Let us now consider cuprate superconductors without Bi. In Table 2 we note that copper is not an element with valence skip. But, if one wants to apply the assumption of double valence fluctuations to a cuprate superconductor, it is necessary to assume the existence of the states Cu (+I) and Cu (+III). However, since Cu (+I) and Cu (+III) are not stable oxidation states, it is very difficult to perform reliable experiments to verify this hypothesis. Nevertheless, this assumption is supported by the possible occurrence of the following disproportionation reaction: 2Cu (+II) Cu (+I) + Cu (+III). which has been suggested by Raveau et al.24 to explain the existence of the state Cu (+III).

What should be the optimal chemical doping of cuprate superconductors in order to obtain the maximum value of Tc? To answer this question we present a simple model based on the conjecture of double valence fluctuations.

According to Zhang and Sato25 there is a universal relationship between hole content and Tc. Examining the figure that shows this universal relationship25, we observe that the optimal doping corresponds to a certain critical value of hole concentration that gives the maximum Tc. In the case of p-type cuprate superconductors this critical value corresponds to a situation of a critical oxygen content. Considering disproportionation reactions24, we may suppose initially an equal probability of occurrence of the ions Cu (+I), Cu (+II) and Cu (+III). Under this hypothesis, the initial concentrations of the copper ions are: (1/3) Cu (+I), (1/3) Cu (+II) and (1/3) Cu (+III). By diffusion, it is possible to introduce in the material an excess of oxygen atoms. We know that oxygen excess may produce an oxidation reaction, converting the species Cu (+II) into the ion Cu (+III). Let us suppose a complete oxidation with conversion of all the initial (1/3) Cu (+II) ions into (1/3) Cu (+III) ions. Then, the initial concentration of (1/3) Cu (+III) ions is enhanced by the fraction (1/3) Cu (+III). Thus, the final concentration of Cu (+III) ions is given by (1/3) + (1/3) = (2/3). Therefore, applying this assumption, we conclude that for optimal doping of p-type cuprate superconductors, the final concentrations of the copper ions are given by the following proportionalities: (1/3)Cu (+I) ions and (2/3)Cu (+III) ions.

 

4. Results and Discussion

We apply the simple hypothesis described above to estimate the optimal doping of the famous p-type cuprate superconductor YBa2Cu3Oy, where y is the oxygen content to be calculated. Using the relative values: (1/3) for Cu (+I) and (2/3) for Cu (+III), we may write the formula unit: YBa2Cu1(+I)Cu2(+III)Oy. Considering the oxidation states Y (+III), Ba (+II) and O (-II) and using the charge neutrality condition, gives:

From Equation (1) we obtain: y = 7.0. This result is in good agreement with the experimental result (y = 6.9) reported in the literature26. Using the model described in the previous calculation, we may estimate the necessary oxygen content to obtain the optimal doping of a great number of p-type cuprate superconductors. It is important to note that the experimental determination of the oxygen content is a difficult task. Therefore, we have selected a number of typical works which we believe to be reliable. In Table 3 we compare the predictions based on our simple model with the oxygen content obtained in these typical works. In our model, we have used for the copper ions the following relative values: (1/3) for Cu (+I) ions and (2/3) for Cu (+III) ions. For the other elements in Table 3 we have considered the following stable oxidation states: La (+III), Y (+III), Ba (+II), Sr (+II), Bi (+III), Ca (+II), Tl (+III), Hg (+II) and O (-II). We verify that the results predicted by the simple model proposed here are in good agreement with the experimental results listed in Table 3.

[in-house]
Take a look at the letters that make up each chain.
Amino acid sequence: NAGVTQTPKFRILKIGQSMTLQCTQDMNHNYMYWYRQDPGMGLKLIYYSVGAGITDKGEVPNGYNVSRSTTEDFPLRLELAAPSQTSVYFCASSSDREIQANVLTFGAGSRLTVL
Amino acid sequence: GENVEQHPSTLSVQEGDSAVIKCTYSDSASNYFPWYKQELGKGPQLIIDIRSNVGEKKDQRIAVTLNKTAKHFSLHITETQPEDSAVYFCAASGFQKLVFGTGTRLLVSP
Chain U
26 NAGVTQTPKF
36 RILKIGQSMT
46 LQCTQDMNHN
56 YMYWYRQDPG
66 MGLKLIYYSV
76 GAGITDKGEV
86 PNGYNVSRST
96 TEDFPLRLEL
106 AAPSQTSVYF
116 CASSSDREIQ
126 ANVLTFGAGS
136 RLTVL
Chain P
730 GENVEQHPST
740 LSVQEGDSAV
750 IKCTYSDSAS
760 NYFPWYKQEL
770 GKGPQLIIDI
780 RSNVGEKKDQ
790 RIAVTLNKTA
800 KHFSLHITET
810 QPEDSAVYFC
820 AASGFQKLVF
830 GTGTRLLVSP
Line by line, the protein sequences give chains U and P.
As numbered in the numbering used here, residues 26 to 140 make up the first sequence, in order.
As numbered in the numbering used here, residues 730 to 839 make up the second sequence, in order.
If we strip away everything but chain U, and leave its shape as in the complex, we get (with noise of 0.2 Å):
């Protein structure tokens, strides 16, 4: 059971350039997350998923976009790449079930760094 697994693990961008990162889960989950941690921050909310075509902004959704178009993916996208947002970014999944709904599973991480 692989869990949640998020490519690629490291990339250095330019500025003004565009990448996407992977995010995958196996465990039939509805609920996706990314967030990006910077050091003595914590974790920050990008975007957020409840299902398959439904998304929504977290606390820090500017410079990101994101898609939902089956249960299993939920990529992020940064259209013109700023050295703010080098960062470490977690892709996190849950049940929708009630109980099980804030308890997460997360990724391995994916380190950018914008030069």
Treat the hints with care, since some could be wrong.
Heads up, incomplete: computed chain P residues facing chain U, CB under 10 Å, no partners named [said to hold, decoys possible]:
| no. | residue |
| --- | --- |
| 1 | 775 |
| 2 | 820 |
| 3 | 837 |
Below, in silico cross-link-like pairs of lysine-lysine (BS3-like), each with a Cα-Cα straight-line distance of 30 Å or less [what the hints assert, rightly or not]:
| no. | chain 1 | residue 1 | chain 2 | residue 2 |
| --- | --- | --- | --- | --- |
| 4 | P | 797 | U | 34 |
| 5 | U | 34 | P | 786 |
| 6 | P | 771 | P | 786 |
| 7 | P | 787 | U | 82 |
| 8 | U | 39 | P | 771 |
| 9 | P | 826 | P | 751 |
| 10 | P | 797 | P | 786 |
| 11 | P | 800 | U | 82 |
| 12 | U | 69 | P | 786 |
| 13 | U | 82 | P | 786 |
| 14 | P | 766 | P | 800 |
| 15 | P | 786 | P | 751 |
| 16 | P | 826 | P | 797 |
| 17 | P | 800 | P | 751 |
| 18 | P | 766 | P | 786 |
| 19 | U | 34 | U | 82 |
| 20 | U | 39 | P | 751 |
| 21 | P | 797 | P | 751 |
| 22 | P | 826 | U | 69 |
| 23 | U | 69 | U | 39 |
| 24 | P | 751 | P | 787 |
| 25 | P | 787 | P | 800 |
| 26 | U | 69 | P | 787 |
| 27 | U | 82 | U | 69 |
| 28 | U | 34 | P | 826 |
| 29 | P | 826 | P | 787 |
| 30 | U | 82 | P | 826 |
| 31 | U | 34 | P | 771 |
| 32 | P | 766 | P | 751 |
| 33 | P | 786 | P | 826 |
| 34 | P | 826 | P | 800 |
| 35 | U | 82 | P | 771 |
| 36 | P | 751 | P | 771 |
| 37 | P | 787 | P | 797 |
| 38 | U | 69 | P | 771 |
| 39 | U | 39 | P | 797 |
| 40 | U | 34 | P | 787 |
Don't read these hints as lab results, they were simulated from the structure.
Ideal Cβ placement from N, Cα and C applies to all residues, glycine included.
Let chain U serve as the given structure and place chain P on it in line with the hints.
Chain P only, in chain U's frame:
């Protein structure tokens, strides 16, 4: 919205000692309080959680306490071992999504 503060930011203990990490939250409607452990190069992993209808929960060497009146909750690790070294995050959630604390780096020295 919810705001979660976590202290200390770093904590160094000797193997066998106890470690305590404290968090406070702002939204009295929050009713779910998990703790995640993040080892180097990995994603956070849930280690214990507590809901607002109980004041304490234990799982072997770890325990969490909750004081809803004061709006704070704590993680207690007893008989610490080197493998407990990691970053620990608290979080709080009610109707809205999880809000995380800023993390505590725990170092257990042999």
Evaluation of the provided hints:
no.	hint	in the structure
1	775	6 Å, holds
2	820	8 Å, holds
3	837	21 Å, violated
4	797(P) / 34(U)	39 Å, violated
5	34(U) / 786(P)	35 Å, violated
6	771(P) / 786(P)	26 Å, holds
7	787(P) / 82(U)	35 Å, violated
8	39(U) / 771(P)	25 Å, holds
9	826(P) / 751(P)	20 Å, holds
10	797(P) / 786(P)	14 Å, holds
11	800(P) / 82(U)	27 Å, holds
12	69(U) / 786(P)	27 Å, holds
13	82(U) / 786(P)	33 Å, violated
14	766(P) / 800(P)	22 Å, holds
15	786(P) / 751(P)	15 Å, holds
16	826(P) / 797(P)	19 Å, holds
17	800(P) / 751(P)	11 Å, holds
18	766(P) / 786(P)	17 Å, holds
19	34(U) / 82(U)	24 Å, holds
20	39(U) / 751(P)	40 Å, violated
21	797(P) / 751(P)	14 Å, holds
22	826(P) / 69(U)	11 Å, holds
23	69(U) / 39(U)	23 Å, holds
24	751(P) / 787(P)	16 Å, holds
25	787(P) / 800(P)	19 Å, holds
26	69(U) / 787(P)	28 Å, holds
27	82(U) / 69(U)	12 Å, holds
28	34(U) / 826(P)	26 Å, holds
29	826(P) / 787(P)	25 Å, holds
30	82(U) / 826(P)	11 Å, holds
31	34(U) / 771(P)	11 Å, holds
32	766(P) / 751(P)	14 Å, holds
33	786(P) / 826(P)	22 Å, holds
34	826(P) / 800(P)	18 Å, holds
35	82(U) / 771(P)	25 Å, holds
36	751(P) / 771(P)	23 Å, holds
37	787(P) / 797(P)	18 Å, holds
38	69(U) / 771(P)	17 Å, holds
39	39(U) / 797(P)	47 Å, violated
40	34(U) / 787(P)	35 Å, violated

The simple model suggested in this work has been applied only to the calculation of the optimal doping of superconductors doped with oxygen. To apply this model in the case of simultaneous doping with oxygen and other elements, such as in BaxLa2-xCuO4+y it is necessary to know the atomic fractions x and y. In the case of simultaneous doping with oxygen and other elements we have not found in the literature simultaneous measurements of the variables x and y and thus we have not compared the predictions of this simple model in this case.

Our model may be extended to estimate the optimal doping of oxide superconductors that do not contain Cu. For example, consider the superconductor31 Ba0.6K0.4BiO3 with Tc approximately equal to 30 K. We shall suppose for the Bi ions the same proportionality assumed in the model just suggested for the cuprate superconductors, that is, for optimal doping, we assume that the relative concentrations should be given by: (1/3) Bi (+III) and (2/3) Bi (+V). Considering the oxidation states Ba (+II) and K (+I) and using the charge neutrality condition, we have:

From equation (2) we obtain the approximate result: y = 2.95. This result is in good agreement with the experimental value y = 3.0 reported in the literature31.

 

5. Conclusion

We believe that the simple model proposed in this paper in the case of p - Type oxide superconductors could also be extended to estimate the optimal doping of n - Type oxide superconductors. However, in the case of n - Type oxide superconductors, the reaction produced by oxygen doping is a reduction reaction instead of an oxidation reaction that occurs in p - Type oxide superconductors. Since we have not found in the literature any experimental determination of the oxygen content in the case of n - Type cuprate superconductors we shall not discuss this issue here. This question will be addressed in a future work.

We have proposed a simple model to estimate the relative concentrations of the ions involved to estimate the oxygen content for optimal doping of p-type oxide superconductors. It is important to know that the predictions based on this model are in good agreement with a number of reliable experimental results reported in the literature (Table 3). Thus we believe that our assumptions are helpful to the investigations of the microscopic mechanisms in oxide superconductors. We expect that this simple model will also be useful to encourage further experimental and theoretical researches in superconducting materials.

 

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Received: October 25, 2008
Received December 11, 2008

 

 

* e-mail: adir@if.ufrj.br